“Objects made with 3-D printing can be lighter, stronger, and more complex than those produced through traditional manufacturing methods. But several technical challenges must be overcome before 3-D printing transforms the production of most devices.
Commercially available printers generally offer only high speed, high precision, or high-quality materials. Rarely do they offer all three, limiting their usefulness as a manufacturing tool. Today, 3-D printing is used mainly for prototyping and low-volume production of specialized parts.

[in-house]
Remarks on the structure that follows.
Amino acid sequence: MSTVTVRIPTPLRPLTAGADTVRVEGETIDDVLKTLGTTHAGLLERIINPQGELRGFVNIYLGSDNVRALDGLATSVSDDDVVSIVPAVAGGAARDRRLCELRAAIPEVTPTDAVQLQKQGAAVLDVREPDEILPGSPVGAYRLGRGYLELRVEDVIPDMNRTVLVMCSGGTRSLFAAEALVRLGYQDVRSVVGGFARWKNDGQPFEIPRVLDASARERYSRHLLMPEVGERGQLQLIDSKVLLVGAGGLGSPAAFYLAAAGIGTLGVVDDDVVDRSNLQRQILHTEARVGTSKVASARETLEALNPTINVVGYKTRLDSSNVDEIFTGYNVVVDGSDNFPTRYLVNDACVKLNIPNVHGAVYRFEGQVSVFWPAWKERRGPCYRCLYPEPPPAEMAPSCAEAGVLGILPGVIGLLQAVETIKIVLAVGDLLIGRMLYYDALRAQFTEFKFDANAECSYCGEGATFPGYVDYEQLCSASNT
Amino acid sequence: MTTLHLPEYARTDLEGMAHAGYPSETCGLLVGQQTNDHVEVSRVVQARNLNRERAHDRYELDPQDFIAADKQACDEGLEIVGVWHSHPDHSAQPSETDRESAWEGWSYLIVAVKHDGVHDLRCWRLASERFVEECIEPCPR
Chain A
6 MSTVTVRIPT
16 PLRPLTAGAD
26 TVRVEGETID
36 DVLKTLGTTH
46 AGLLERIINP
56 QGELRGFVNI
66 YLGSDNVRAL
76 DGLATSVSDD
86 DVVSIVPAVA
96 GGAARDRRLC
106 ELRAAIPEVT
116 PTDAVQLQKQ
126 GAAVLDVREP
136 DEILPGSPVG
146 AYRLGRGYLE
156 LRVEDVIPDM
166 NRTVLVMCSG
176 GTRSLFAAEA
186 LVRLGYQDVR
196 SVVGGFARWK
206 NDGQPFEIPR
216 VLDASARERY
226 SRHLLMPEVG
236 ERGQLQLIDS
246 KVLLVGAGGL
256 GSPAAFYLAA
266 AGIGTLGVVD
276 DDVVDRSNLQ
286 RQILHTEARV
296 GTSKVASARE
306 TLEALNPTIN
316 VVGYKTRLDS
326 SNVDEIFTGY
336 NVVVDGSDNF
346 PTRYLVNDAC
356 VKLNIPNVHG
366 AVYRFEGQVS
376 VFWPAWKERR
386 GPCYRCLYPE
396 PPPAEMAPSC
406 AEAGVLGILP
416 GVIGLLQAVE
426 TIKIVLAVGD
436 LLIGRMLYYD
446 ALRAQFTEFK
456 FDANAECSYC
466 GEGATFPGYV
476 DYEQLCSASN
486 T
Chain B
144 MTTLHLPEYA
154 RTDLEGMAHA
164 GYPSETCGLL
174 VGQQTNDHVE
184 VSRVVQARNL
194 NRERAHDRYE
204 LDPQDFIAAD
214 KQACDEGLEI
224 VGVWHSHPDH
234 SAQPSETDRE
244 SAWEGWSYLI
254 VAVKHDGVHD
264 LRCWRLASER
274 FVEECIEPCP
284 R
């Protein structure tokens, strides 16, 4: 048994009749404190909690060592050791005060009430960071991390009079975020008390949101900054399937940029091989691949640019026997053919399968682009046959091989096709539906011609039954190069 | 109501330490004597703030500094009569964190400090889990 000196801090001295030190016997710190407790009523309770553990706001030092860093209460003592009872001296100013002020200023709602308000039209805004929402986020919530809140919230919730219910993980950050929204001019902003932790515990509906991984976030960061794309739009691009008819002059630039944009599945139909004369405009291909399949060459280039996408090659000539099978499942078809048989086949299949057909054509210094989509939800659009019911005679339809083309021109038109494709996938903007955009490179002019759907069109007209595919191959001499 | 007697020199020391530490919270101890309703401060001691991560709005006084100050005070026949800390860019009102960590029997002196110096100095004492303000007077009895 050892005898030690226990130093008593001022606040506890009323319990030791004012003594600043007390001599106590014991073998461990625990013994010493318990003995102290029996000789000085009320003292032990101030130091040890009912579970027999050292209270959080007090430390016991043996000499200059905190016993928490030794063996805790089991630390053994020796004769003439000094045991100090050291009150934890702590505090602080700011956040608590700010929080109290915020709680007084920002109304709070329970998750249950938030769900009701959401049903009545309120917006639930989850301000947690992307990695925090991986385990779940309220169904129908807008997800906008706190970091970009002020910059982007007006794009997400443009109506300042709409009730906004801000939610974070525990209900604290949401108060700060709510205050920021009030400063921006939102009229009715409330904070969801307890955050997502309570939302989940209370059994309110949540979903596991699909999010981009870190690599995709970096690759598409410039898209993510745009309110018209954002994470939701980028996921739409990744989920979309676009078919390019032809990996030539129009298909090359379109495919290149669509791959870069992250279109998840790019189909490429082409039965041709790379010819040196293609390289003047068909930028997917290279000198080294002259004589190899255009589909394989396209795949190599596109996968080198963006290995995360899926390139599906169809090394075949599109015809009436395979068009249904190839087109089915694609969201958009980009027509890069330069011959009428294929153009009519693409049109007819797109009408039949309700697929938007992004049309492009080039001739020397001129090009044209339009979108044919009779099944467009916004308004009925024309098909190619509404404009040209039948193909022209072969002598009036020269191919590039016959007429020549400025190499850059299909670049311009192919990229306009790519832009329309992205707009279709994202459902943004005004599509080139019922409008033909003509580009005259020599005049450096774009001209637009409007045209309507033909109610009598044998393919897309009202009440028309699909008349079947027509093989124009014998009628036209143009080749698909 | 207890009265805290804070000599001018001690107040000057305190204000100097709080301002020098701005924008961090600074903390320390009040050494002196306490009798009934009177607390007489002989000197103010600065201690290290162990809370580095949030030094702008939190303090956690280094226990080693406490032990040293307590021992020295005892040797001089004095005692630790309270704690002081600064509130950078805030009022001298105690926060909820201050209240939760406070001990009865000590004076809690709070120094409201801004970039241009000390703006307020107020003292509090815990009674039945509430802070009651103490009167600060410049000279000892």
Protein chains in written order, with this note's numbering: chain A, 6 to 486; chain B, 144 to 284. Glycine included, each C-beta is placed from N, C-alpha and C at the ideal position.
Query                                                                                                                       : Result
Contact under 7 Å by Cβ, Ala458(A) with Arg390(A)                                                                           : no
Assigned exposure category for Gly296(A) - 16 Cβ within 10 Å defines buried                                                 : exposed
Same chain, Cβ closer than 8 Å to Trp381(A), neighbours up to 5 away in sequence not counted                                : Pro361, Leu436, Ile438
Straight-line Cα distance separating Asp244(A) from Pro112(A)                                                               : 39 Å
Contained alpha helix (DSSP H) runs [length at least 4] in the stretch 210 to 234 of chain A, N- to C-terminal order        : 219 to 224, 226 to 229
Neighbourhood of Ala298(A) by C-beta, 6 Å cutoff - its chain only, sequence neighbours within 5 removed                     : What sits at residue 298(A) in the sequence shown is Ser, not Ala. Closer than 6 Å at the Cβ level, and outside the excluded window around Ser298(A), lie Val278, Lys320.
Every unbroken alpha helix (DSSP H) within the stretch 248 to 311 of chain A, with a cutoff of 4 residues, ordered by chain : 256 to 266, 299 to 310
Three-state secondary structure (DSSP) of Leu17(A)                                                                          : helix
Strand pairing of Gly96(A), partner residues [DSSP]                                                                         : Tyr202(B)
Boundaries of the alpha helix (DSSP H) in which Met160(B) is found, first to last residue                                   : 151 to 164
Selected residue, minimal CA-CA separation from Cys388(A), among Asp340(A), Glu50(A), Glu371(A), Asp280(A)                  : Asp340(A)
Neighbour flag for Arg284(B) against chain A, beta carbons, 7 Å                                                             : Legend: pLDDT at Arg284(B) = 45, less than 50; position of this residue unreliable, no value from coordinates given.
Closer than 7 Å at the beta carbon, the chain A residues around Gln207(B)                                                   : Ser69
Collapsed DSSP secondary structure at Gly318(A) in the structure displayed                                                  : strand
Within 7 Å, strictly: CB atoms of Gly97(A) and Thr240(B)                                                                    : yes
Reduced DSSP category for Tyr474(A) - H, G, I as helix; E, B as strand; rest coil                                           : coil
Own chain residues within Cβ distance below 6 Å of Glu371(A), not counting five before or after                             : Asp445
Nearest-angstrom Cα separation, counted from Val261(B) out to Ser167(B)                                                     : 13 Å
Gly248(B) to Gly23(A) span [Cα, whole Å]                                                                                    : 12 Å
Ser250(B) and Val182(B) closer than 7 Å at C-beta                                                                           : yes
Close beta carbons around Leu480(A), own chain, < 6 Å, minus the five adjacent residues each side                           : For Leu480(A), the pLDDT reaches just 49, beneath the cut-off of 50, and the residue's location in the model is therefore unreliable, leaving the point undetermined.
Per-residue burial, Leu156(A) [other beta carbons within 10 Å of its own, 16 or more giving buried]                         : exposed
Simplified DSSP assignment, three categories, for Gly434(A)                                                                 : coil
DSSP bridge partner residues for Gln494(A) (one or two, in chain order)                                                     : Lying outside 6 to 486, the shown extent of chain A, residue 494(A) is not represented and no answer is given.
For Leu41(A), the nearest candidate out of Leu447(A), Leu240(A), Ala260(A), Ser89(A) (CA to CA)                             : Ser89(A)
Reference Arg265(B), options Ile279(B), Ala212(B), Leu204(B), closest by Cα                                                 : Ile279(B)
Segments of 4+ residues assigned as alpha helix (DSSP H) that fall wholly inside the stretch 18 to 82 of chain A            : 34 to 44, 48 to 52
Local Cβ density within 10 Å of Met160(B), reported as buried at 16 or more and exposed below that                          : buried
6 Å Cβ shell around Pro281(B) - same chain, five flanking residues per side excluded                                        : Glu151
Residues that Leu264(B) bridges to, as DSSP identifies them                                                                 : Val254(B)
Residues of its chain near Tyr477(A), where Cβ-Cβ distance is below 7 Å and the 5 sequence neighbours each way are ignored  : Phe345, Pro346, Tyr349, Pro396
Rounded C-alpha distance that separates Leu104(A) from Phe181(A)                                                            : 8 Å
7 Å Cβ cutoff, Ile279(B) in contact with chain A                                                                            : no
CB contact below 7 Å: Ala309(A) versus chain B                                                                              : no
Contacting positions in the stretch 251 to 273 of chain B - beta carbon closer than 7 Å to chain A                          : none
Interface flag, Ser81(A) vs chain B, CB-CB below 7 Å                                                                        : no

Now Inkbit, a startup out of MIT, is working to bring all of the benefits of 3-D printing to a slew of products that have never been printed before—and it’s aiming to do so at volumes that would radically disrupt production processes in a variety of industries…”